‘Dying town’ of Italy sees salvation in pending UNESCO World Heritage status
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Perched precariously on a hill about 75 miles north of Rome sits the picturesque village of Civita Di Bagnoregio — known as Italy’s “dying town.”
The residents there — a dozen, give or take a few — are hoping their beloved home gets a new lease on life by earning a World Heritage Site designation from UNESCO (United Nations Educational, Scientific and Cultural Organization). It isn’t just because they want the prestige from the status, although that certainly is nice. For Civita, the tourism boost that likely comes with it could literally make the difference in whether the 3,000-year-old town actually survives, or disappears.
The reason it’s called “the dying town” is because Civita has been eroding for centuries, thanks to earthquakes and landslides that have stripped away much of the volcanic rock from the cliff. Today, all that remains of Civita is the town square and a few streets. It’s just 500 feet long and 300 feet wide, and only accessible by way of a footbridge.
Situated in the Central Italian valley known as the “badlands,” the town is in perpetual danger of collapse. What’s helping to keep it together are underground “structural wells” around the town perimeter, which have hundreds of steel rods attached to the hillside rock.
“All this mass of rock, which is more or less all broken and tends to collapse on the edges, is kept together by these wells,” Geologist Luca Constanti tells Reuters. “And by these steel rods which, exactly like plugs stuck in a wall, hold everything back.”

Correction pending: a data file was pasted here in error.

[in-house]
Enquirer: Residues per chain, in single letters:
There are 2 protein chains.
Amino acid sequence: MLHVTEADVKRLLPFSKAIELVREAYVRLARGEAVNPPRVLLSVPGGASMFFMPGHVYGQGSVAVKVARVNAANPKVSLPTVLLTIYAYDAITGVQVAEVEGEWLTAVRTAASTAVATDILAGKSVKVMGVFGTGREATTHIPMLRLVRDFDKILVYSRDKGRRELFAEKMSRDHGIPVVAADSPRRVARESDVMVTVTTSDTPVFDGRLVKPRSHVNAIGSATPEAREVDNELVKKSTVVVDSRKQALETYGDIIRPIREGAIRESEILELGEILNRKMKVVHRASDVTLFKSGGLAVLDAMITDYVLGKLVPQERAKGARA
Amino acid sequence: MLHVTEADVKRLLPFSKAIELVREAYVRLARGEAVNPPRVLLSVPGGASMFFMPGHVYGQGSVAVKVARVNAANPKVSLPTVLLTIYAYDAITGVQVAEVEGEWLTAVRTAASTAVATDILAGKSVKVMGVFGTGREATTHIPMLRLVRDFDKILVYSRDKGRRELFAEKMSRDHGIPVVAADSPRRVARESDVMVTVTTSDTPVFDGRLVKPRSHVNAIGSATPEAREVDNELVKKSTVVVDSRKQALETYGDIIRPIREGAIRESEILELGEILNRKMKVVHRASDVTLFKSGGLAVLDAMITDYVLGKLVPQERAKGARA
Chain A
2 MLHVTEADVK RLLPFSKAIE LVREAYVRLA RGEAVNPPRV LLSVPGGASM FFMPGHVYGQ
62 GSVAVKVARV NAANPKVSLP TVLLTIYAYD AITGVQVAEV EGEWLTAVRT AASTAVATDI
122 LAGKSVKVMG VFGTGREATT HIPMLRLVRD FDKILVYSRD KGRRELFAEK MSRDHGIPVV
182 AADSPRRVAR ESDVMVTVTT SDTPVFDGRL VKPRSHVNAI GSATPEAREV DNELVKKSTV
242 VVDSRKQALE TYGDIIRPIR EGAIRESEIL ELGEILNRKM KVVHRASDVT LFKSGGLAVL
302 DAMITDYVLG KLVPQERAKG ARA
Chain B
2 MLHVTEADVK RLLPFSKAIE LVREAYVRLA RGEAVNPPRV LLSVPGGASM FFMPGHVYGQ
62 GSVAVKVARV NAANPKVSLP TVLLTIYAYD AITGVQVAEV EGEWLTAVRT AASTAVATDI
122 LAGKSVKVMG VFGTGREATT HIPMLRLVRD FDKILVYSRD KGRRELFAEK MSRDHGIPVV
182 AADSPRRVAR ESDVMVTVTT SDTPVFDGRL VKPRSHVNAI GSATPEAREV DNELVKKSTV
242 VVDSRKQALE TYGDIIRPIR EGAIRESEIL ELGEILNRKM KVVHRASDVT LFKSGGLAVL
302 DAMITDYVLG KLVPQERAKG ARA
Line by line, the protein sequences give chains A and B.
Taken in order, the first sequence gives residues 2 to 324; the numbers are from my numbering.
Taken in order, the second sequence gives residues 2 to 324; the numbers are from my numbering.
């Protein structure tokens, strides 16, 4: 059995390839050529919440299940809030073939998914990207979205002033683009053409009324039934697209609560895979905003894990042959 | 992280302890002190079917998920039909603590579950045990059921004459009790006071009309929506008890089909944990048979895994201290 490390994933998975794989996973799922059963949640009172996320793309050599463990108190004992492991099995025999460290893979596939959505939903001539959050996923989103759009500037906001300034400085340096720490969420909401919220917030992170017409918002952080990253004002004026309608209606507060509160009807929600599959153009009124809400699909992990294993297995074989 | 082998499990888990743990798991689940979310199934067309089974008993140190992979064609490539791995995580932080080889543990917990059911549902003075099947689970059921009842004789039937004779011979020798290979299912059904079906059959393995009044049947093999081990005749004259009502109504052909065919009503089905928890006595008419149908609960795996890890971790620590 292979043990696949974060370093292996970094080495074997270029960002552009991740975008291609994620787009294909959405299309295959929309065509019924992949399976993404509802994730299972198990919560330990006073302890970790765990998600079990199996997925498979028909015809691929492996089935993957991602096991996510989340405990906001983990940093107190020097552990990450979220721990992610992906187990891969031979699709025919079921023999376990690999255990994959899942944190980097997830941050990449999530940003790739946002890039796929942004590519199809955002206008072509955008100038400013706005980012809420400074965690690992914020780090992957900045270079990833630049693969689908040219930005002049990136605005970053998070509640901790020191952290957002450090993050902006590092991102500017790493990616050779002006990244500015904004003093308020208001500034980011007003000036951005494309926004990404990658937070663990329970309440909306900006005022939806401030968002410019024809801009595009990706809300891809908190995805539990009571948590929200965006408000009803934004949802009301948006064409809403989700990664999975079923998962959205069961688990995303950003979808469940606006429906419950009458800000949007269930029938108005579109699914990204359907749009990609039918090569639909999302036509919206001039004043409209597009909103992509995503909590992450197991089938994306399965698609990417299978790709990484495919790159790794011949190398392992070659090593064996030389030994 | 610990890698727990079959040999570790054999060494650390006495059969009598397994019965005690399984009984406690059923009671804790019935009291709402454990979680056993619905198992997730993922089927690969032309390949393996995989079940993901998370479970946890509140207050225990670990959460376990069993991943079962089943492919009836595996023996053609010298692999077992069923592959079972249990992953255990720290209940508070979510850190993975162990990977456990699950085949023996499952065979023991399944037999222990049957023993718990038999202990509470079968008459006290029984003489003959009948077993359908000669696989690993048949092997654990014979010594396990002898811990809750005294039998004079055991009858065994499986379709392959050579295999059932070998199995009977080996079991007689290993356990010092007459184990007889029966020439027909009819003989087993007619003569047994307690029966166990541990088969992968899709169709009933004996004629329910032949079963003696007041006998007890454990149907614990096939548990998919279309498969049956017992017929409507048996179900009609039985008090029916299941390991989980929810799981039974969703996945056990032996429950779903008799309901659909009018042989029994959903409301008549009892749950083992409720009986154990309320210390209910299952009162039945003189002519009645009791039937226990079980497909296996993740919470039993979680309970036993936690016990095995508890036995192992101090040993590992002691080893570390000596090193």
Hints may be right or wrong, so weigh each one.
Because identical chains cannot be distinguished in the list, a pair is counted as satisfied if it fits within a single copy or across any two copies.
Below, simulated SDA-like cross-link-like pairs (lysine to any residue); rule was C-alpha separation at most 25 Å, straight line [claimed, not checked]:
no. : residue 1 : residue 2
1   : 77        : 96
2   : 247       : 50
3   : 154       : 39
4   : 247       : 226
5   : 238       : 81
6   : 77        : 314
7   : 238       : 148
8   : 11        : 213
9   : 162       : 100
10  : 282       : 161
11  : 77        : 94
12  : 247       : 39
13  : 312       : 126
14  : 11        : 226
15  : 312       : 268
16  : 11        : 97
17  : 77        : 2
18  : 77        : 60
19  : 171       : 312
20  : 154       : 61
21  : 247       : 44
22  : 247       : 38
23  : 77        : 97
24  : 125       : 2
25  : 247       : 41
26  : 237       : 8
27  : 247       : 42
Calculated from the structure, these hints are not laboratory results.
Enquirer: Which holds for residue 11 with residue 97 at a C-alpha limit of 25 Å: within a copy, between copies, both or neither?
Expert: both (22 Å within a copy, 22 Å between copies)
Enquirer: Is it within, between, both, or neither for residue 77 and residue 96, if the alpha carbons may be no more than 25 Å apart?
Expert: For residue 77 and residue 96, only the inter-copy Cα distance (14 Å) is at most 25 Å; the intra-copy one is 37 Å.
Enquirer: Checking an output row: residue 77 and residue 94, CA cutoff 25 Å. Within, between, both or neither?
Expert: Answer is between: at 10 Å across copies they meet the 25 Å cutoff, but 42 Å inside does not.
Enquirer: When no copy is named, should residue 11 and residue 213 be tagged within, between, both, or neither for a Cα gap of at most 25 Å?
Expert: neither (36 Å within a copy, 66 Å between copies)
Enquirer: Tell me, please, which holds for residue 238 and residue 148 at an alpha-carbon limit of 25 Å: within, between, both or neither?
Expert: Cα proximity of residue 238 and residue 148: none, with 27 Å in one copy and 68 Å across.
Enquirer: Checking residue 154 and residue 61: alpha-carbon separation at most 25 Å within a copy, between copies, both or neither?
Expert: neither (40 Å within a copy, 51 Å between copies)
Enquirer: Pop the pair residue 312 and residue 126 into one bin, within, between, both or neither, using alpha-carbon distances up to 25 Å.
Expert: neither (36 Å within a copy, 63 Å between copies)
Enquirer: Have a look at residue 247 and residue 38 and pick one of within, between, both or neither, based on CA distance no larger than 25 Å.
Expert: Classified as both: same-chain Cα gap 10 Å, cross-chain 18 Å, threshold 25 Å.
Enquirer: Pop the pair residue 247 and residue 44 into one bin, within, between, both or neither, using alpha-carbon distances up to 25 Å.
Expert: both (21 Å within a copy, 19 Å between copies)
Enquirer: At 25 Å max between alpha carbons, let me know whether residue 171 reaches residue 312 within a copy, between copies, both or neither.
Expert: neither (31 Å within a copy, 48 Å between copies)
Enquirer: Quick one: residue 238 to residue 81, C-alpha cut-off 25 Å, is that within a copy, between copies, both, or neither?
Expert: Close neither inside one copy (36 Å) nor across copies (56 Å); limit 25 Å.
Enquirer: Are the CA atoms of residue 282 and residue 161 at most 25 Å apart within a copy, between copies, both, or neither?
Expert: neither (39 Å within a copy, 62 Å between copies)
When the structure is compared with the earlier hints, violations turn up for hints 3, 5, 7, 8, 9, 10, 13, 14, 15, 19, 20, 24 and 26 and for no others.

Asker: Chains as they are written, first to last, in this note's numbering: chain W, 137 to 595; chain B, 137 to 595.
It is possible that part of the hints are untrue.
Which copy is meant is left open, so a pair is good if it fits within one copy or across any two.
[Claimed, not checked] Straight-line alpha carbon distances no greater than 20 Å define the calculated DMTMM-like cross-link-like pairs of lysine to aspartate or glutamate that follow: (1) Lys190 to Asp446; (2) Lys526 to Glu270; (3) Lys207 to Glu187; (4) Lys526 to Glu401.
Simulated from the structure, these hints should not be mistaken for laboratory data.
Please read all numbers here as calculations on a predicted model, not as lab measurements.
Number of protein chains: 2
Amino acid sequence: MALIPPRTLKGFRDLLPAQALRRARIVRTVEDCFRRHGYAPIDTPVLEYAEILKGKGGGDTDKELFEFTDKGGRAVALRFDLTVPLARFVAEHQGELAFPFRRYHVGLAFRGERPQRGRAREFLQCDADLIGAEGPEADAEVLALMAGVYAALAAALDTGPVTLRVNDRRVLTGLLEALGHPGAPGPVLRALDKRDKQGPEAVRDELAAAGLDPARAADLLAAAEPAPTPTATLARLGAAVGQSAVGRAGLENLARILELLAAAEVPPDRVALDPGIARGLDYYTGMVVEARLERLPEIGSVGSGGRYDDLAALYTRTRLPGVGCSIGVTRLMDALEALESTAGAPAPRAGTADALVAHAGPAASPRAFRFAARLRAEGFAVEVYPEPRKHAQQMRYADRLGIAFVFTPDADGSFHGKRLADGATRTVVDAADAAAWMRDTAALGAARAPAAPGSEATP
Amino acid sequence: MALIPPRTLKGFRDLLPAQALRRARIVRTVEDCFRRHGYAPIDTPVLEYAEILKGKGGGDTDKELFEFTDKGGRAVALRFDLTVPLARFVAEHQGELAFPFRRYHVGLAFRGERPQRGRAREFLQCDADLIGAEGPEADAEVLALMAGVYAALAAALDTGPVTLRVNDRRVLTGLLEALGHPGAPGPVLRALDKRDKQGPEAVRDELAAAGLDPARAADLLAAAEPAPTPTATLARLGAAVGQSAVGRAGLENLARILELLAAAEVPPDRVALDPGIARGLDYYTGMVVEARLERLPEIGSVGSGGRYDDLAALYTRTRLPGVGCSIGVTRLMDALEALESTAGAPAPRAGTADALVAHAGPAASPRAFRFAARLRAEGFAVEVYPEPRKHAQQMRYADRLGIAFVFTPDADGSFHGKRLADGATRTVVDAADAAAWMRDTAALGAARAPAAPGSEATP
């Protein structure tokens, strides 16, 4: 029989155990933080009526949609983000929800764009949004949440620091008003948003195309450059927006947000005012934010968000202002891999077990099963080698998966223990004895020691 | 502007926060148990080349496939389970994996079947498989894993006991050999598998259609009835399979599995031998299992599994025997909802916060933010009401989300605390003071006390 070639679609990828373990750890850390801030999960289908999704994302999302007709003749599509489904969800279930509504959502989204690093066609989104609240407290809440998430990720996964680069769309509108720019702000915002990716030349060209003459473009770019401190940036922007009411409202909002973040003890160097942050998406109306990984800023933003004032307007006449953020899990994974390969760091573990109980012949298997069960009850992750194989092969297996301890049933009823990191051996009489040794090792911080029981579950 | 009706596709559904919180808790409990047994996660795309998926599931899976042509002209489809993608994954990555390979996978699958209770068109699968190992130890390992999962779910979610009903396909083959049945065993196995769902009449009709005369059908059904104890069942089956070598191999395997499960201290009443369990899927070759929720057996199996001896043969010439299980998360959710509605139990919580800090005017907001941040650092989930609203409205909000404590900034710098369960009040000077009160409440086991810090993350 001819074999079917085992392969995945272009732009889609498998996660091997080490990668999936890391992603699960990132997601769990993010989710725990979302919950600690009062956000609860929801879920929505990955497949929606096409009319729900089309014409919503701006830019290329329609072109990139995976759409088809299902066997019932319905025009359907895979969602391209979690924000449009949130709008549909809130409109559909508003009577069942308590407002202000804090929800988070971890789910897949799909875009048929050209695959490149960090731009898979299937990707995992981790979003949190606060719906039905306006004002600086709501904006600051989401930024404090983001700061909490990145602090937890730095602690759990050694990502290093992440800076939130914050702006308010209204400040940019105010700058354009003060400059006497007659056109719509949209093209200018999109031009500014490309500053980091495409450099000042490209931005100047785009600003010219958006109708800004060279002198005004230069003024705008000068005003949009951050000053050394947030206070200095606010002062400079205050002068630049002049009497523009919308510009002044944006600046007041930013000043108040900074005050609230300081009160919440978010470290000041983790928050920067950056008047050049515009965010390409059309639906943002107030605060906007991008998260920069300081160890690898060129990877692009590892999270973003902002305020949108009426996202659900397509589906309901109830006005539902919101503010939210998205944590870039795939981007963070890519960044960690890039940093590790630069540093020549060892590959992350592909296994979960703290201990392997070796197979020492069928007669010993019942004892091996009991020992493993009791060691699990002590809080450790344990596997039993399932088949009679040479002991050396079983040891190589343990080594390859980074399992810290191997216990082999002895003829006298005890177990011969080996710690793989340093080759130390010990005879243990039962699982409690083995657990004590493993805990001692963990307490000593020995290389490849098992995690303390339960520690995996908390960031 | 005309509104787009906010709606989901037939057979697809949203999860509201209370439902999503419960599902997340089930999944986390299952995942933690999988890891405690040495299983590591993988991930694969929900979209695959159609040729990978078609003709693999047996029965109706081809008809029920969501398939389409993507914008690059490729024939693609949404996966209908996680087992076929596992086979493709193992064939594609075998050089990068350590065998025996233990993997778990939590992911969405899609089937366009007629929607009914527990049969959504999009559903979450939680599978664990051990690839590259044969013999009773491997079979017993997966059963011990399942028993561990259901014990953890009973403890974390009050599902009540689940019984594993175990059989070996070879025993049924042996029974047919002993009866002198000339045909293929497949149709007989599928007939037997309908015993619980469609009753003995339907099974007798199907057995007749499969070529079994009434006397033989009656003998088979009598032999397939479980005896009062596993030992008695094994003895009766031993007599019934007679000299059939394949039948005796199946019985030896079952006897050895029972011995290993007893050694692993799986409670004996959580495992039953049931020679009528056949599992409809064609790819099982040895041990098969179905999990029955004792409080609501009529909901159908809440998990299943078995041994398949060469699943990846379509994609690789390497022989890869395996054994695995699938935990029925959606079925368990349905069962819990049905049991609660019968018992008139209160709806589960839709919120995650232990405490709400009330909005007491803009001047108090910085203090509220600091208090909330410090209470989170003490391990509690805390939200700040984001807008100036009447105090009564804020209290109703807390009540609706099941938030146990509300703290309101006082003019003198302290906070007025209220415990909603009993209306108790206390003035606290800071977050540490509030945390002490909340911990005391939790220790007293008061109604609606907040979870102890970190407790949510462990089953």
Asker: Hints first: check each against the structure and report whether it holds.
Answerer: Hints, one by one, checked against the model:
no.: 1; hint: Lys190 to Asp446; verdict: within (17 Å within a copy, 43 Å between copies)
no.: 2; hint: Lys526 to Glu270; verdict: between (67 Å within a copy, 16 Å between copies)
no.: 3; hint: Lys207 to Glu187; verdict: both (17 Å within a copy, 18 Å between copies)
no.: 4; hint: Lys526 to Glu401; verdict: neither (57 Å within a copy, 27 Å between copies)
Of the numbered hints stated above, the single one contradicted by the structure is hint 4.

Tourism has been immensely helpful in keeping Civita from disappearing. Visitors to the town went from 40,000 in 2009 to a million in 2019, as the stunning views attracted travellers going between Rome and Florence. There is a five euro fee to cross the pedestrian bridge and enter Civita, and the financial boost from tourists helped create jobs and pay for the structural monitoring system that literally keeps the town standing. The pandemic and international travel restrictions have sharply reduced the money coming into the town, which is essential for its survival.
That’s why the UNESCO World Heritage designation is so important. Places that are declared a World Heritage site almost always see a surge in tourism as people come to see what makes it a landmark. Getting more visitors to come to see Civita, once normal travel resumes, is expected to help the town replenish its coffers to be able to maintain efforts and keep it from disappearing into history.
Italy, which along with China has the most sites on the list with 55, nominated Civita and the surrounding badlands area in January. A final decision isn’t expected until June 2022. Until then, Italy’s “dying town” will continue to do what it’s done for three millennia: Hang on just a bit longer.
Featured photo by Smartshots International/Getty Images.
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